Synopses & Reviews
Anju is the daughter of an upper-caste Calcutta family; her cousin Sudha is the daughter of the black sheep of that family. Sudha is as beautiful, tenderhearted, and serious as Anju is plain, whip-smart, and defiant. Yet since the day they were born, Sudha and Anju have been bonded in ways even their mothers cannot comprehend.
The cousins' bond is shattered, however, when Sudha learns a dark family secret. Urged into arranged marriages, their lives take sudden, opposite turns: Sudha becomes the dutiful daughter-in-law of a rigid small-town household, while Anju goes to America with her new husband and learns to live her own life of secrets. Then tragedy strikes them both, and the women discover that, despite the distance that has grown between them, they have only each other to turn to. Set in the two worlds of India and America, this is an exceptionally moving novel of love, friendship, and compelling courage.
From the award-winning author of "Mistress of Spices" comes the bestselling novel, now in paperback, about the bond between two women and the family secrets and romantic jealousies that threaten to tear them apart.
About the Author
Chitra Banerjee Divakaruni is the bestselling author of the novels Sister of My Heart
and The Mistress of Spices
; the story collections The Unknown Errors of Our Lives
and Arranged Marriage,
which received several awards, including the American Book Award; and four collections of prize-winning poetry. Her work has appeared in The New Yorker, The Atlantic Monthly, Ms., Zoetrope, Good Housekeeping, O: The Oprah Magazine, The Best American Short Stories 1999,
and The New York Times.
Born in India, Divakaruni lives near Houston.
For further information about Chitra Banerjee Divakaruni, visit her Web site at www.chitradivakaruni.com.
Reading Group Guide
1. What kind of relationship is there between the older generation in India, who live in a world full of mystical tales and magical occurrences, and Anju and Sudha's generation, which is more drawn to Western ideals? Why are both cousins, especially Anju, skeptical of their own culture and interested in the west, particularly America? How do they incorporate each world into their lives?
2. How are Sudha and Anju different, and how are they similar? Despite their differences, what continues to keep their relationship strong?
3. The mothers tell the girls that loving someone too much is dangerous. What are they trying to achieve with this warning?
4. What does the ruby symbolize? What is the significance of Anju and Sudha being so "unlucky" in the circumstances under which they were born? Why was it significant for Sudha to know the truth about her past and not be able to tell Anju?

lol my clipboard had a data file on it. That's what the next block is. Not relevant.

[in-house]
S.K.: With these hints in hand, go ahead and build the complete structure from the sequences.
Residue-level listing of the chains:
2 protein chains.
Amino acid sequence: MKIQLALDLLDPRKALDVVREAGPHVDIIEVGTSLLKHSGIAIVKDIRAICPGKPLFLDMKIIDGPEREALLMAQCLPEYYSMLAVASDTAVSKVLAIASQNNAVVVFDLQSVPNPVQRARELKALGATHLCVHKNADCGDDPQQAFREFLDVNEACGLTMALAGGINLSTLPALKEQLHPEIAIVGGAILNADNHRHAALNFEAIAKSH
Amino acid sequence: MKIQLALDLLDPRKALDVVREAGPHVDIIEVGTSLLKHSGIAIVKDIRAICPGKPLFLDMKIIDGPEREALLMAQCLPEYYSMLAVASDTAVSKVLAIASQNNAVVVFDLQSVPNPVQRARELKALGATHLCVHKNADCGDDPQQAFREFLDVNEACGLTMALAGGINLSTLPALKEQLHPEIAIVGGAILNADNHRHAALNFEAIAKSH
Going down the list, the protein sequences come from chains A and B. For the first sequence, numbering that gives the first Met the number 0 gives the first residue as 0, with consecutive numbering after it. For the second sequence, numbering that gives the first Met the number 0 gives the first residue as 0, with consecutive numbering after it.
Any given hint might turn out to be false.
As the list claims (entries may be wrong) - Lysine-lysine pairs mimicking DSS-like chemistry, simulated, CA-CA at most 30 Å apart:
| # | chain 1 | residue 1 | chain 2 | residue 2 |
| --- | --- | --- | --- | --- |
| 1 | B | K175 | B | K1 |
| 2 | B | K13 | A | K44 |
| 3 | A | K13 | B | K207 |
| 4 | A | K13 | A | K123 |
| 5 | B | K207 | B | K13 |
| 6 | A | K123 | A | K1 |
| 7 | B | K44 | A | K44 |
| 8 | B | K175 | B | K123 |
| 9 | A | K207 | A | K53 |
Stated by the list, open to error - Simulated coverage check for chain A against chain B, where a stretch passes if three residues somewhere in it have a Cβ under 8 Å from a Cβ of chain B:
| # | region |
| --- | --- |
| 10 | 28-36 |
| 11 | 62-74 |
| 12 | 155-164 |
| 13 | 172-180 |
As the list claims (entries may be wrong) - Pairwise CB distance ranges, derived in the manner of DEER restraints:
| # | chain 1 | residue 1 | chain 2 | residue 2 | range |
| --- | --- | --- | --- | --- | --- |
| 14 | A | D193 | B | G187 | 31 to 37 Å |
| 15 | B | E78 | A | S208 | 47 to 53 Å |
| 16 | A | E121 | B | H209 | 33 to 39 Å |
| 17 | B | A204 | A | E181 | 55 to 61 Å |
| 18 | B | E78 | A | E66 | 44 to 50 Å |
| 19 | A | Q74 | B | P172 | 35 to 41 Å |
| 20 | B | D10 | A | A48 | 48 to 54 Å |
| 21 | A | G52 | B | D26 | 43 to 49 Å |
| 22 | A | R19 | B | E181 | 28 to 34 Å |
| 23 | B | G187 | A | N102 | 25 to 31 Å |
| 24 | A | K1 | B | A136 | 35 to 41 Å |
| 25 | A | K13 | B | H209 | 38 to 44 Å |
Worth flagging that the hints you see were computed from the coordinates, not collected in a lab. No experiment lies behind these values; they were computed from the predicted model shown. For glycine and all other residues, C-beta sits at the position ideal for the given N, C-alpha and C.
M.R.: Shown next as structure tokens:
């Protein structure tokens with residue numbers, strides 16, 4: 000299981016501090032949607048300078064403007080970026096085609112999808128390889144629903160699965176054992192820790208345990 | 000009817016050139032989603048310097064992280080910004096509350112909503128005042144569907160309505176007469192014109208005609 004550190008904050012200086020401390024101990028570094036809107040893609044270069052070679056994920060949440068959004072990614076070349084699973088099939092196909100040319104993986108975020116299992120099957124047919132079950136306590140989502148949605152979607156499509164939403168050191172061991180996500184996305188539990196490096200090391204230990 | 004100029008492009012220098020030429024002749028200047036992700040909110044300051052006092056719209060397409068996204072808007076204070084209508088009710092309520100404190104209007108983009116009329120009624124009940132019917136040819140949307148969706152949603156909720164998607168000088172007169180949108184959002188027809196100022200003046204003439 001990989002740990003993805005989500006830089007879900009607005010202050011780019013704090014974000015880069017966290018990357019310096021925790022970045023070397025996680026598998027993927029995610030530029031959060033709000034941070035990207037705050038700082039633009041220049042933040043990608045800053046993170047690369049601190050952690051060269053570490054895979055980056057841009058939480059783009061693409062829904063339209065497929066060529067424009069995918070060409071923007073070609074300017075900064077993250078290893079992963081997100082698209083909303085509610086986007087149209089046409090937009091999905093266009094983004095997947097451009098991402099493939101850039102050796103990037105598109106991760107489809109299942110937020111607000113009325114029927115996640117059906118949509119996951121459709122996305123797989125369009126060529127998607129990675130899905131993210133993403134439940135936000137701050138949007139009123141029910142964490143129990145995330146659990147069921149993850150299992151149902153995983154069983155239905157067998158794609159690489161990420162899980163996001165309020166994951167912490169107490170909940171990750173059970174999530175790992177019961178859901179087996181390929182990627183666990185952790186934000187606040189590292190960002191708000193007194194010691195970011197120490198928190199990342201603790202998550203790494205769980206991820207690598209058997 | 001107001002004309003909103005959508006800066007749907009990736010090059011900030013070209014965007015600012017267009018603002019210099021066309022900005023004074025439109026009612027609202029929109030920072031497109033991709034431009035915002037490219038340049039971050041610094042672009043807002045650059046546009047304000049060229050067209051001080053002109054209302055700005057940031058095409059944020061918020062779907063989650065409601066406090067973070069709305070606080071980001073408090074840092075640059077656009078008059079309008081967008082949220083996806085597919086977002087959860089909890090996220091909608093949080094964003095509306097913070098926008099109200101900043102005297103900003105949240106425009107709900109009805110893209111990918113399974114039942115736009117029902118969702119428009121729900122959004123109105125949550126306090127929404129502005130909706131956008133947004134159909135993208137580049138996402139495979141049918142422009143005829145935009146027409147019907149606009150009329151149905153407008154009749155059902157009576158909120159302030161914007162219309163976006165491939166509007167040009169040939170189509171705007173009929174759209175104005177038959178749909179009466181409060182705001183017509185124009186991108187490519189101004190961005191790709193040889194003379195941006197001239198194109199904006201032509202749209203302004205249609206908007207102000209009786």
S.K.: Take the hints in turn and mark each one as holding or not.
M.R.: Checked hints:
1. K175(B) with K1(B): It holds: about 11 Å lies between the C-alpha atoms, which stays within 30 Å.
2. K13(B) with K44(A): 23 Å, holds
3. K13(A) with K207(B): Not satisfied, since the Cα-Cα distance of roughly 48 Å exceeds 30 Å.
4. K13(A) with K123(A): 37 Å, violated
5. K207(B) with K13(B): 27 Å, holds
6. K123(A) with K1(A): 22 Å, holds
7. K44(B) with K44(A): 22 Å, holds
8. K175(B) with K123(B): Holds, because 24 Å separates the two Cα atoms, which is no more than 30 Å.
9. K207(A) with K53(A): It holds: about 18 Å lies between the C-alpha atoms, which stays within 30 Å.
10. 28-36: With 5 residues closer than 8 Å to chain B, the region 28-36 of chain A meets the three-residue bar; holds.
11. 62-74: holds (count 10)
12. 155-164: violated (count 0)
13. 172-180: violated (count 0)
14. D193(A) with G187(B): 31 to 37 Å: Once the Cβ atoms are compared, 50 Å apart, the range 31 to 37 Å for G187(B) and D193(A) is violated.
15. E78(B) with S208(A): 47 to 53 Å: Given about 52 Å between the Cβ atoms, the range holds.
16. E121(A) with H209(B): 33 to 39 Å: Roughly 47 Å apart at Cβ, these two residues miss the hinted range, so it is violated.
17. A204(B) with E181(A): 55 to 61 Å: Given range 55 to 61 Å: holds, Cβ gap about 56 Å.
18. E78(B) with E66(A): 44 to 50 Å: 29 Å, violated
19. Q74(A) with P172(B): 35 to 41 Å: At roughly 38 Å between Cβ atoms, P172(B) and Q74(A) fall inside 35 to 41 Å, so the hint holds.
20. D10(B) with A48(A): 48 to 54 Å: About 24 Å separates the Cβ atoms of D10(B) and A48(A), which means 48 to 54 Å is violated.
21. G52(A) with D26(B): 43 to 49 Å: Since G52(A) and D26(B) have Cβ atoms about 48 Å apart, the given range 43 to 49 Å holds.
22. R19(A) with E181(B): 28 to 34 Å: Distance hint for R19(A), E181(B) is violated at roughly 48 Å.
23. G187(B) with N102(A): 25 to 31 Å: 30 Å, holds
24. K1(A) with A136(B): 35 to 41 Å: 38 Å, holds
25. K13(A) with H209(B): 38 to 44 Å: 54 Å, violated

5. There is often a great disparity between what is the proper thing to do and what is the fun, exciting thing to do. How does this theme play itself out in the novel?
6. Why does Anju's mother welcome Sudha and her mother into the family even though she knows the truth about Sudha's father? In contrast, why is Sudha's mother so harsh and seemingly ungrateful? Do she and her daughter belong in the house?
7. The mothers often tell stories and gossip. What role do these stories play in their livesand in the lives of Sudha and Anju?
8. According to Bidhata Purush's predictions, Anju is supposed to be brave and clever, fight injustice, marry a fine man and travel the world, while Sudha is supposed to have a life of sorrow. Do the girls live up to these predictions? If not, how else would you characterize each?
9. How did having a man enter each of their lives affect the girls' friendship? Would the friendship have evolved differently had they not married? Are men portrayed positively or negatively in this book?
10. Why is there jealousy between the two cousins? Is it inevitable despite their mutual love? Do they ever successfully rise above it?
11. How does Anju change after she comes to America? Would she have been as independent and assertive if she had stayed in India?
12. Sudha defies traditional Indian culture by leaving her husband and raising her child on her own. How do her actions affect her deep connection to Indian culture? How does the author portray Sudha's decision?
13. The keeping of secrets and the telling of lies play a huge part in the novel. Why are so many secrets kept? Is it better to keep some secrets and to tell some lies or to always share the truth?
14. Discuss your reaction to finding out Singhji's identity. Was Sudha's response reasonable?
15. Should Sudha have gone with Ashok? Throughout the novel, does Sudha give up too much for Anju? Are sacrifices required of a true friend?
16. For Discussion: Divakaruni's Novels and Stories
What do the characters in Divakaruni's novels and stories lose and gain as they become more "American"?
17. In the story "Affair," Abha says, "It's not wrong to be happy, is it? To want more out of life than fulfilling duties you took on before you knew what they truly meant?" How is this idea further developed in The Mistress of Spices? In Sister of My Heart?
18. In Divakaruni's stories, women are wives and mothers, but the men are portrayed primarily as husbands, not fathers. How are the men's roles in the novels similar to or different from those in the stories?
19. How does the Indian immigrant experience compare to that of other immigrants--Spanish, Italian, Chinese?
The questions, discussion topics and author biography that follow are designed to enhance your group's reading of Chitra Banerjee Divakaruni's novels Sister of My Heart and The Mistress of Spices, as well as her collection of short stories, Arranged Marriage. We hope that they will provide you with new ways of looking at and talking about these three books by a gifted writer, whose chameleon-like voice and mastery of rhythm create unforgettable characters and weave stories that are both exotic and familiar, fresh and universal.